Although the response was evaluated by IFN-γ secretion and proliferation, only the former type of response was detectable upon challenge. As shown in Fig 2B, although pre-incubation of the B-LCL with T. cruzi lysate induced IFN-γ secretion in T cell cultures from most subjects studied, none of the cultures challenged with lysate primed-B-LCL reached the level of activation induced by irradiated PBMC as APC. However, the overnight priming condition produced SI values that enable a better detection of the response against the parasite lysate in chronic Chagas patient cultures, as compared to the 3 h priming condition. Additionally, the quality of the response was higher in protocols B (1 day of antigen stimulation with IL-2 added since day 9) and C (6 days of antigen stimulation with IL-2 added since day 6) when B-LCL were used as APC. In conclusion, the results presented here demonstrate that overnight primed B-LCL can be used as APC to present T. cruzi antigens to T cells.
Generation of T. cruzi specific memory CD4+ T cell lines from an asymptomatic patient
Given the results presented above, we hypothesized that using enriched memory T cells, instead of bulk PBMC, would favor the amplification of T cells that emerged in vivo, in response to infection. Seeking to contribute to the scarce existing knowledge on the specificity of memory CD4+ T cells in Chagas disease, we decided to focus our efforts on this population. For this, CD3+CD4+CD45RO+ cells from an asymptomatic chronic Chagas patient (RM30) and a non-infected individual (MM) were magnetically sorted from PBMC samples, and initially cultured with two different stimuli: T. cruzi lysate with irradiated autologous PBMC as APC (antigen specific, selective expansion) or PHA, IL-2 and irradiated allogeneic PBMC as feeder cells (non-antigen specific, non-selective expansion). An overview of the protocols used is represented in Fig 3A. The stimulation of cells from both subjects with PHA resulted in a clear growth of all the seeded wells (Fig 3B). In contrast, the percentages of wells that grew in response to T. cruzi lysate was lower and significantly different between subjects (58.3% for RM30 vs 12.4% for MM, Fisher’s exact test, p<0.001, Fig 3C).
Sorted memory CD4+ T cells from an asymptomatic Chagas patient (RM30) and a non-infected subject (MM) were stimulated with PHA (B, D) or parasite lysate (C, E) as detailed under Materials and Methods. Five thousand cells from each culture well were challenged between days 27–32 (depending on cell growth) with parasite lysate or culture media only and the antigen-specific response was measured as IFN-γ secretion and proliferation. Ten thousand autologous overnight-primed B-LCL per well were used as APC. SI was calculated for each well as the response against T. cruzi lysate divided by the cells baseline response (media only condition). Statistical analysis of the percentage of positive wells is shown in S3 Table. A. Timeline representation of stimulation and challenge protocols. Numbers in brackets next to symbols indicate the day (or range of days) since protocol start at which each step was performed. B, C. Pie chart representations of the wells that showed cell growth after initial stimulation, and different degrees of antigen specific response against T. cruzi lysate. D, E. SI values (scatter plots) and percentage of positive wells (bars) for each readout. Cultures considered positive were those with an SI≥2 (dotted line). Positive and total studied wells are indicated in numbers above the bars.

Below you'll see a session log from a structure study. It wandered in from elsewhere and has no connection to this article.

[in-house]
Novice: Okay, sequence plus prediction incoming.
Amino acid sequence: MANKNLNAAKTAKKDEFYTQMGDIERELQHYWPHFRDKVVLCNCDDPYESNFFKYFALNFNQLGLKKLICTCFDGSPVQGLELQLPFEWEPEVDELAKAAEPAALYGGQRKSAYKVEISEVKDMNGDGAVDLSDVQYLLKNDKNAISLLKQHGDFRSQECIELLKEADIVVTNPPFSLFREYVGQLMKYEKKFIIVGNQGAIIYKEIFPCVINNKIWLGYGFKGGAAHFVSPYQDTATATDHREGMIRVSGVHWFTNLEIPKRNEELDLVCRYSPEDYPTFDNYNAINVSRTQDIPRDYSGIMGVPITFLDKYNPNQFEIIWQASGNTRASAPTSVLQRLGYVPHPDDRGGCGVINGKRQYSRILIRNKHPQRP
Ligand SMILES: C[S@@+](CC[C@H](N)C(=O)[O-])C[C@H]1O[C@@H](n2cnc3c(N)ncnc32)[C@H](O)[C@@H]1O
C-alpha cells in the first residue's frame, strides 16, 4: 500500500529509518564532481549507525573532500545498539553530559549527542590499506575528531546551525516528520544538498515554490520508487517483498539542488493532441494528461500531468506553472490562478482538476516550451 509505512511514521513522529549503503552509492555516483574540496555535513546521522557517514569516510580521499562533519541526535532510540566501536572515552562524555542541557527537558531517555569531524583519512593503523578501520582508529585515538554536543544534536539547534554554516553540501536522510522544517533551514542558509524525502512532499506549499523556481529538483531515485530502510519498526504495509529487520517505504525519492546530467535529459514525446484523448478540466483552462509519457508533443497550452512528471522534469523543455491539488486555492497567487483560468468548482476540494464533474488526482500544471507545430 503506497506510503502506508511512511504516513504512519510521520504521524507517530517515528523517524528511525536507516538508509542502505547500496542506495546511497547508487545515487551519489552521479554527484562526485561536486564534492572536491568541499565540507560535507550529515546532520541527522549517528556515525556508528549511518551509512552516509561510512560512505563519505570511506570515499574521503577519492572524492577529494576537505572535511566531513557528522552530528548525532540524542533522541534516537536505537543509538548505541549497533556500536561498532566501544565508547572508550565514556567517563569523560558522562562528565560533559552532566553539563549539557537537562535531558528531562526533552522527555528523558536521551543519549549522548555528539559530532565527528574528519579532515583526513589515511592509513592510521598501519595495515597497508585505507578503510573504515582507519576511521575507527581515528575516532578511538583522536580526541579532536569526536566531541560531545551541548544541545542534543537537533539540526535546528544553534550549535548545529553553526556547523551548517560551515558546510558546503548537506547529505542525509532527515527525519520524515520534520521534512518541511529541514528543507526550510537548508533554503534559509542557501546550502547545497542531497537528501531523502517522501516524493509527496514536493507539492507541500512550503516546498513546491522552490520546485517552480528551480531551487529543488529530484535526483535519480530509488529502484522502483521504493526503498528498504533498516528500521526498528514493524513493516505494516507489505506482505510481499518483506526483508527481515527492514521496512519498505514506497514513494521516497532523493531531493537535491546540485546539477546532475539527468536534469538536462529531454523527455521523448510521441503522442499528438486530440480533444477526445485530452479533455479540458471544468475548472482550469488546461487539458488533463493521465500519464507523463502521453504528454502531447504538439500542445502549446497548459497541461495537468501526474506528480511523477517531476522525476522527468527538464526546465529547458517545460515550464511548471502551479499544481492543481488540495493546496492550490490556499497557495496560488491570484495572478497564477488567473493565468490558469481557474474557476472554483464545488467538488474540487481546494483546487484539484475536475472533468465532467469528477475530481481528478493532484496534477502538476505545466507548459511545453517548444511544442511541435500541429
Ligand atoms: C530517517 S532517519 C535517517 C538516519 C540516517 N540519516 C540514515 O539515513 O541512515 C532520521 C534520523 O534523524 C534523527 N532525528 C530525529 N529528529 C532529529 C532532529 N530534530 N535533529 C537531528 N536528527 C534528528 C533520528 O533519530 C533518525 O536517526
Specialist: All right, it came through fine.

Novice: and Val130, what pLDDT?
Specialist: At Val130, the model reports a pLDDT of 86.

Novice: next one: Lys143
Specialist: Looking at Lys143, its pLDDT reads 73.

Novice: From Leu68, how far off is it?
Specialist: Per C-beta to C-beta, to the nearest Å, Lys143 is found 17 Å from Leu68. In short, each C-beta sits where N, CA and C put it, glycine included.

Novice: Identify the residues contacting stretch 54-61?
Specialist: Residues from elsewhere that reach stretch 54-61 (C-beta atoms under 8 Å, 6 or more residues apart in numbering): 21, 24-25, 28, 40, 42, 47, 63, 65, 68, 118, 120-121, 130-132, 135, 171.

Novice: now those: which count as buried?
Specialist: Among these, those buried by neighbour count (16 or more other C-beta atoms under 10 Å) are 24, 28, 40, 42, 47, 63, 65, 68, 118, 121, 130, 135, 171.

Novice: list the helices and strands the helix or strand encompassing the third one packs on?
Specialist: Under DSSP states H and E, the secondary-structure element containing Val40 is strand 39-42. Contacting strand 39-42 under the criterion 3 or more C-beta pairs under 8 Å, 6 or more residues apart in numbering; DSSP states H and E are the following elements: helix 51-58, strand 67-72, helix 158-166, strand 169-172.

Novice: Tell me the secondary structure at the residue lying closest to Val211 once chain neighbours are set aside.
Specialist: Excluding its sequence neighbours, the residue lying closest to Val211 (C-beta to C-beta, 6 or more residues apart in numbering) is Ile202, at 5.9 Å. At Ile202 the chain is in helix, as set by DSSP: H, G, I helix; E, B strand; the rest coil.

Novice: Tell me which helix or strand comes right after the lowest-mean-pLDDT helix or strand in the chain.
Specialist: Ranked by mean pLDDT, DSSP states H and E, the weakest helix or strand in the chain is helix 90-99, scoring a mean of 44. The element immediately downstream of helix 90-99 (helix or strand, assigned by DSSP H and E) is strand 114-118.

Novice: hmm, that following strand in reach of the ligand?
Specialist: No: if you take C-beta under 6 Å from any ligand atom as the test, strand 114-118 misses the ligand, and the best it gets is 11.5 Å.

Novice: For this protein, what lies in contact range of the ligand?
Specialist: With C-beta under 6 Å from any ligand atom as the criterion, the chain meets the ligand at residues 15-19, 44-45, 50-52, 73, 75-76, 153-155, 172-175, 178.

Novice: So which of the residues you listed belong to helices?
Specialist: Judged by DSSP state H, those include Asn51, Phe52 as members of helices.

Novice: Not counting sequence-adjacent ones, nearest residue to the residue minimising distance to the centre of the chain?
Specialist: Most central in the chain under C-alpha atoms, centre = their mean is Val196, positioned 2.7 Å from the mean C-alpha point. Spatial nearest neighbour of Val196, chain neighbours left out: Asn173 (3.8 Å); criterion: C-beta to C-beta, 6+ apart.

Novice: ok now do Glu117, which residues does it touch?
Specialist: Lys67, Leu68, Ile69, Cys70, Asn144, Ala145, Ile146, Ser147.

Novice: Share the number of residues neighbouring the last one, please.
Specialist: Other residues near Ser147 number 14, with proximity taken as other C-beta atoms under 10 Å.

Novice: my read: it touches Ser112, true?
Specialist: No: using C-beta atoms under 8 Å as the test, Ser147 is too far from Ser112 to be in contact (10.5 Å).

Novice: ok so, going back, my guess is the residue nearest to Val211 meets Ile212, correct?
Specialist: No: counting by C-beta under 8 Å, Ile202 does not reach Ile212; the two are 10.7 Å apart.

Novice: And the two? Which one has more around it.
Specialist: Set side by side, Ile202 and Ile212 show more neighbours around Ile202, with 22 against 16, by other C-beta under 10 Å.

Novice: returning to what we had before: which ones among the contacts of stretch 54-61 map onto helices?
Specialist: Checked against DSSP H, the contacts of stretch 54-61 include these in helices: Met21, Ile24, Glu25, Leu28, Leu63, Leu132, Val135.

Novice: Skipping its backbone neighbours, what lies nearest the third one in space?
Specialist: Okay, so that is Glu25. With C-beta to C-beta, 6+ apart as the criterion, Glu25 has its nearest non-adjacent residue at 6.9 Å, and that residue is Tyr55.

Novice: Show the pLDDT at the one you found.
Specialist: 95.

After the initial expansion, specificity was assessed for these cultures using overnight antigen primed autologous B-LCL as APC. Most of RM30 wells initially stimulated with parasite lysate responded against T. cruzi antigens (73.2% for IFN-γ secretion, 17.9% for proliferation, Fig 3C and 3E) in contrast to the remarkably lower number found in wells initially expanded with PHA (25.0% for IFN-γ, 4.2% for proliferation, Fig 3B and 3D). On the other hand, 21.0% of the lysate expanded wells (only 1.53% out of the total seeded wells) from the non-infected subject responded by IFN-γ secretion, and none responded by proliferation (Fig 3B and 3D). Fisher’s exact test was applied to analyze the difference in frequencies of wells responding, by at least one of the readouts, between the infected and the non-infected donors, and a statistical significance was observed under both initial stimulation conditions, T. cruzi lysate (p = 0.0003) and PHA (p = 0.02). Furthermore, the IFN-γ secretion levels measured in cultures initially expanded with T. cruzi lysate were significantly higher for the chronic Chagas patient as compared to those from the non-infected individual’s cultures (p<0.01, Mann-Whitney test).